|论坛首页 用户管理 本坛精华区 | 论坛管理 | 版主版务 |||在线人数：全论坛98人， 本论坛98人|
|镇长： 姜小白(真^O^) 邮箱： email@example.com|
Ranger：No ink pack？
Ranger：That was smart.
Sheriff说：Wasn't much of Robbery . Got off with just under $7000
How do bank robbery dye packs work?
The ink thing that explodes to mark all the stolen money. How much do the devices cost? What companies make them? Are they triggered when the person opens the bag, or on a timer? How effective are they at deterring bank robberies?
I don't know how much they cost or who makes them. Most dye packs are concealed inside a stack of bundled bills.A space is cut out of the center of the stack for the dye pack mechanism. The pack is activated either via a magnetic reed switch that is closed when the pack is removed from the cash drawer (a magnet in the bottom of the drawer holds the switch open), or by a radio signal in the bank. Some types employ a RFID chip like the anti-theft devices used in some stores. When the chip passes through a field around the bank's door, it activates the dye pack.
Once activated, a timer inside the pack starts to count down. After a few seconds to a few minutes, a small explosive detonates, staining all the money and often the robber, too. The stains on the money make it easily identifiable as proceeds from the robbery, so it's no good to the robber. Packs have been known to go off in the robber's hand as he goes through the money from the robbery, looking for the dye pack. These have caused some minor injuries. There are also some models of dye packs that include smoke bombs and tear gas.
Dye packs are only moderately effective in deterring robberies. The robber doesn't know if that bank uses dye packs or not, so that deterrent effect is lost. Most robbers know that dye packs are in common use and tell the bank tellers not to include any dye packs or they'll be hurt. Robbers have been known to find the dye packs before they go off and discard them, taking the rest of the money. That would be a risky business, as the dye pack bundles look just like any other cash bundles until you riffle through the stack of bills.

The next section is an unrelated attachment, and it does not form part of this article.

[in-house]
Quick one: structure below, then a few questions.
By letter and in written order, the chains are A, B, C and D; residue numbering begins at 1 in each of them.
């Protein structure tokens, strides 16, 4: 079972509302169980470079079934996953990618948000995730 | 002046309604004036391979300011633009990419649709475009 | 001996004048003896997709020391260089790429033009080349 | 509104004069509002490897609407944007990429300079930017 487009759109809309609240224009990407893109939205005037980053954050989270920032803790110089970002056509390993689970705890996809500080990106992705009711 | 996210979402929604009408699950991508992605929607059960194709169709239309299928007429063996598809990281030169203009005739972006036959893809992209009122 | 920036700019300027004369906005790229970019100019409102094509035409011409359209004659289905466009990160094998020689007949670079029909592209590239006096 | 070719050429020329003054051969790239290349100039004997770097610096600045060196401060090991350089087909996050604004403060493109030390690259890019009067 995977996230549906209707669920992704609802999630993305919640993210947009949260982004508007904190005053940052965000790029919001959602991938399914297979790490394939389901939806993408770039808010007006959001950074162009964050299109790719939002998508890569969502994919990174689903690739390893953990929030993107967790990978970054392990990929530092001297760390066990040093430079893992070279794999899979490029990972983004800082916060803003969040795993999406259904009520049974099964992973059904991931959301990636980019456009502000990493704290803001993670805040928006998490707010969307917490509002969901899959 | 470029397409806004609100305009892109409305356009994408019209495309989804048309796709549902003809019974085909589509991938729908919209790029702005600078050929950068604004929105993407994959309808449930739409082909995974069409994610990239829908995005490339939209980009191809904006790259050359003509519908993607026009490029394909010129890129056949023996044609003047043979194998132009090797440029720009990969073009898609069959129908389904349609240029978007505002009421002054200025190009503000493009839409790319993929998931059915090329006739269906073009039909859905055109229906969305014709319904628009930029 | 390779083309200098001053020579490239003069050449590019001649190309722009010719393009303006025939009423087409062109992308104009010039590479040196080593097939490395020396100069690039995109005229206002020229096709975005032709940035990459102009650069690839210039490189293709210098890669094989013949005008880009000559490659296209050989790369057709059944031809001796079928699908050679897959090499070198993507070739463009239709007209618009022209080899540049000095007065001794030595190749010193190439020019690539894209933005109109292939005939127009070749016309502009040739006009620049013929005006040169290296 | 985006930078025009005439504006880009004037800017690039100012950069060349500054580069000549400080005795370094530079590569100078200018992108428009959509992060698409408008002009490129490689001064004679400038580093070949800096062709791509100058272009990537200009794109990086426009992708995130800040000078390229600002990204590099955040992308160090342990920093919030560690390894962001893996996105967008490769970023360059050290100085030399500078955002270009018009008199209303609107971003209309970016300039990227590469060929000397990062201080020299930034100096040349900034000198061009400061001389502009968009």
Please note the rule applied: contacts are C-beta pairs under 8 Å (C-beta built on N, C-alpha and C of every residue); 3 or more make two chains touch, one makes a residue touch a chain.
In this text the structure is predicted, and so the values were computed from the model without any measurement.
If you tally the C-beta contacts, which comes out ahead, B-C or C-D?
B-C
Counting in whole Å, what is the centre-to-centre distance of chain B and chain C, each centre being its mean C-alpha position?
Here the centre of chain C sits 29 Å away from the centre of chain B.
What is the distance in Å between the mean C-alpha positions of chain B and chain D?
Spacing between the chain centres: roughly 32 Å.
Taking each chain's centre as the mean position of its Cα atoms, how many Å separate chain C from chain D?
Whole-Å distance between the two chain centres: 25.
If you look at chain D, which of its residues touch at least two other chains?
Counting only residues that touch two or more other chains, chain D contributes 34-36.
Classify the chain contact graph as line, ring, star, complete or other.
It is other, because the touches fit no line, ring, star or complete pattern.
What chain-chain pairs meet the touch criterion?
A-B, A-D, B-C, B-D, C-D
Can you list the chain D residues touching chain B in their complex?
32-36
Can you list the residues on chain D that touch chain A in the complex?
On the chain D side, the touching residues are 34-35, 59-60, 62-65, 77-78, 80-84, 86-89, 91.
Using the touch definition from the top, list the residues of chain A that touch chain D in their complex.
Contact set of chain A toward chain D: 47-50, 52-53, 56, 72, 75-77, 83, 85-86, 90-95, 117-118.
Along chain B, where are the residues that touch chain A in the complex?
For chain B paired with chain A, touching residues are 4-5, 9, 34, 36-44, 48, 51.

Another anti-robbery device with a similar theme is a radio transmitter concealed in the same way the dye packs are. When the bundle is removed from the cash drawer, the transmitter activates. Local law enforcement vehicles are equipped with direction-finding receivers, similar to the Lojack anti-vehicle theft system. The receiver panel in the police car indicates the bearing of the transmitter and the signal strength. Robbers have been known to be fleeing the scene to find half a dozen police vehicles following them. You can usually tell which law enforcement vehicles have direction-finding receivers in them by the array of antennas on the vehicle roof. Direction-finding usually requires four similar-looking short antennas.